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How to get credit for a new business

Published By Janet Gershen-Siegel at September 25th, 2017

Do you know how a new business can acquire a business line of credit? As a new business, by definition, you have no or little business credit history, so it could be difficult. When you ask: What is the credit score of a new business? The answer is – it’s usually not so hot. But you can get past that. Here are some ideas which will work so you can get credit for a new business.

Use your personal credit to get started

At some point, you will want to stop doing this, but at the beginning, you have got to get your new business off the ground, and that means you will need developmental funding. This is funding to do anything from paying a rental deposit for an office to purchasing a set of prototypes for a product you want to make. If you have decent personal credit, then you can tap into it to get your new business off the ground.

Once you have established a history and a favorable payment reputation, then you can work on getting your business line of credit. Having a good personal credit score will go a long way to showing creditors that you are reliable and will pay off your debts on time.

Guarantee with personal assets and collateral

What happens if your personal credit is not so hot? Collateral is essentially when you use one thing (or several things) of value in order to ensure your payments. However, as you might expect, if you default, you will lose your collateral. Still, it is a good technique of how to fund a business with bad credit As always, pay off your bills on time and in full, and don’t borrow more than what you can pay back comfortably. After all, now your second car (or something like that) is on the line if you’re late with payments.

Establish a relationship with a local vendor and get trade credit.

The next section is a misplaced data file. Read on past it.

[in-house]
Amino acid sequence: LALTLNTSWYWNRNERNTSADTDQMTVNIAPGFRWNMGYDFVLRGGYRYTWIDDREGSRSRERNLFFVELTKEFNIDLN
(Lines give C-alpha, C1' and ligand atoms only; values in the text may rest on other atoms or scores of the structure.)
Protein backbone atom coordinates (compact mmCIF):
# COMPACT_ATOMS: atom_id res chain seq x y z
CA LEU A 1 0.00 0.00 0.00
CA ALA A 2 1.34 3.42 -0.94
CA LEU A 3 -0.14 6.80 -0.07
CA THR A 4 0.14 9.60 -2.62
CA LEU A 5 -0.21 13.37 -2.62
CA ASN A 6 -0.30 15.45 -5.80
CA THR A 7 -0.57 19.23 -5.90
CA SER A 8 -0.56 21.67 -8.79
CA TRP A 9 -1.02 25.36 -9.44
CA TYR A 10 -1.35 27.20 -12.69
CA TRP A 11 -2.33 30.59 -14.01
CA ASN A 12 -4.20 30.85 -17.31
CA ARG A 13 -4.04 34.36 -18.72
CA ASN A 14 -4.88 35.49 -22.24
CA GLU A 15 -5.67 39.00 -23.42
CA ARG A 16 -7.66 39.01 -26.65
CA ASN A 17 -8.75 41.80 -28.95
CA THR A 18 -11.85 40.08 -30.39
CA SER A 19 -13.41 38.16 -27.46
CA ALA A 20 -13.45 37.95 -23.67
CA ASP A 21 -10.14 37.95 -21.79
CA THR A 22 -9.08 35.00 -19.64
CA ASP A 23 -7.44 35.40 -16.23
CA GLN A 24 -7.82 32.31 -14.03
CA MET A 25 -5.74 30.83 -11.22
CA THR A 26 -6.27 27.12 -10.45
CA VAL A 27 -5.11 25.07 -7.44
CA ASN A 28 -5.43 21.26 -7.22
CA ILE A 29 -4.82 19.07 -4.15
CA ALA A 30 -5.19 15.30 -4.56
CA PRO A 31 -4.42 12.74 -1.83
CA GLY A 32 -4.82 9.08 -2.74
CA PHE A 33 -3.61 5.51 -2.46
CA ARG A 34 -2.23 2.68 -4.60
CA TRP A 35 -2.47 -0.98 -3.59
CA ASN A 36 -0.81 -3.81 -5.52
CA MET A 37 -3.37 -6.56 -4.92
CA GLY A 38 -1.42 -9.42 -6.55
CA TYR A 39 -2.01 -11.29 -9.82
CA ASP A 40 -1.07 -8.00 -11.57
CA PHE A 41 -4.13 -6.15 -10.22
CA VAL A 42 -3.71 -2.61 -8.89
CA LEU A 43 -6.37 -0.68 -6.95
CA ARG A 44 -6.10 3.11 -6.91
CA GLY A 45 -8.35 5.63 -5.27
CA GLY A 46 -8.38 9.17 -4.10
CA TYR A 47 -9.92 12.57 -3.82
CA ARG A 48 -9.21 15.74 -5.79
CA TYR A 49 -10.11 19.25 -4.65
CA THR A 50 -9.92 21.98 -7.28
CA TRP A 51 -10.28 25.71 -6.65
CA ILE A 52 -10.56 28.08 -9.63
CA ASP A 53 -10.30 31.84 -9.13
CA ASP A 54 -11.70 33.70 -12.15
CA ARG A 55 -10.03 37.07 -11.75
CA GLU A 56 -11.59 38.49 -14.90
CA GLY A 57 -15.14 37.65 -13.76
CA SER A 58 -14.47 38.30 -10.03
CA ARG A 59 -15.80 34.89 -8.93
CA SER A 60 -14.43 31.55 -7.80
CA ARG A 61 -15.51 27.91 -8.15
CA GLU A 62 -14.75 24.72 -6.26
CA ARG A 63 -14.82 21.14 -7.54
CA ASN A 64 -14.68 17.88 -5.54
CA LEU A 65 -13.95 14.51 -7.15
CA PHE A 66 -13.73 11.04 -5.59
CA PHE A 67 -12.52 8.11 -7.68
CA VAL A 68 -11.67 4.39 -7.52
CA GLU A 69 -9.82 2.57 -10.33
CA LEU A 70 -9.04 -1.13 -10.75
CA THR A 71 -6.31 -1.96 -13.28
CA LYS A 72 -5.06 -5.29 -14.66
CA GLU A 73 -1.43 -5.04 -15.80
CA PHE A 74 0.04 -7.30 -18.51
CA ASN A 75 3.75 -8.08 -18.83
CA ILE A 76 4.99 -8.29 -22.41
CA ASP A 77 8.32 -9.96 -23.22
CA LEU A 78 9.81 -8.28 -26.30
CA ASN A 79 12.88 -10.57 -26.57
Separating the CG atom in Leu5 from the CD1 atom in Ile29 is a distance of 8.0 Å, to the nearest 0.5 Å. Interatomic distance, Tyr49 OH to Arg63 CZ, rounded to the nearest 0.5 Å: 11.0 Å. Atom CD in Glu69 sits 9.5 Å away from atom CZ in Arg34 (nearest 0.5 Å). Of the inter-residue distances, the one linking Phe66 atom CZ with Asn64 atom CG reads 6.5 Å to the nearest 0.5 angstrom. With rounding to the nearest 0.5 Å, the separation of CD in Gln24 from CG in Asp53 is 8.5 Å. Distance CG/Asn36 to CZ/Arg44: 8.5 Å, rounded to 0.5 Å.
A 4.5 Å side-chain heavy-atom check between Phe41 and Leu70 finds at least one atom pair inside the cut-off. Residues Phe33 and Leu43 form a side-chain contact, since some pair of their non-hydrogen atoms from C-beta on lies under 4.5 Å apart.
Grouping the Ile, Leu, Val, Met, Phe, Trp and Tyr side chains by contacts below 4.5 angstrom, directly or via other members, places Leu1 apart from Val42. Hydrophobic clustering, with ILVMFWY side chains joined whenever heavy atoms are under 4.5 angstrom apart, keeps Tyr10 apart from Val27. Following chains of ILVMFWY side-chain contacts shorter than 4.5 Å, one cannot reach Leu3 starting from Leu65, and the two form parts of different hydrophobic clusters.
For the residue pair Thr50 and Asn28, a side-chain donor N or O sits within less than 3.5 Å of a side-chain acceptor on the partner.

Trade credit is when you work directly with a local vendor you use all the time and ask them to float you some credit for payments at a (not too far into the future) later date. For a catering company, this could be a supermarket. For a dance studio, it could be the company that washes the floors or maybe a salon which does the students’ hair and makeup for recitals and shows.

No matter which kind of vendor you get trade credit with, be responsible and, of course, pay them on time (and early, if you can swing that). Not only does that reinforce and maintain that relationship, it also counts toward your credit score.

Be responsible with any credit you’ve got, including personal

This may feel a bit like an obvious fact, but your use of currently existing credit will be what any creditor (trade or banks, etc.) will use to ascertain if you can pay your bills on time and are, therefore, what is considered a good credit risk. Suddenly squandering all of your personal credit at the tables in Vegas is not going to endear you to future lenders. New companies in particular, no matter how cautious they are, are generally evaluated as the full credit package. That is, both personal and business credit scores are under consideration. If you look like a bad credit risk on the personal credit side, you’ll appear, to future lenders and creditors, to be an equally poor credit risk on the business side of things.

Establish your business under IRS rules

And finally, because a new business and its credit will inevitably be conflated with the personal credit of its founder(s), take steps to separate the two. One of the most significant steps you can take is to apply for an IRS EIN (employer identification number). By declaring to the IRS that your new business is the real deal, and not just a pipe dream or a hobby, then that helps to indicate to creditors that its commercial credit is not the same as your personal credit, and should not be treated as such.

New ventures can succeed, although the odds are long. But if a new business has their own business line of credit, that can make it a bit easier to succeed.

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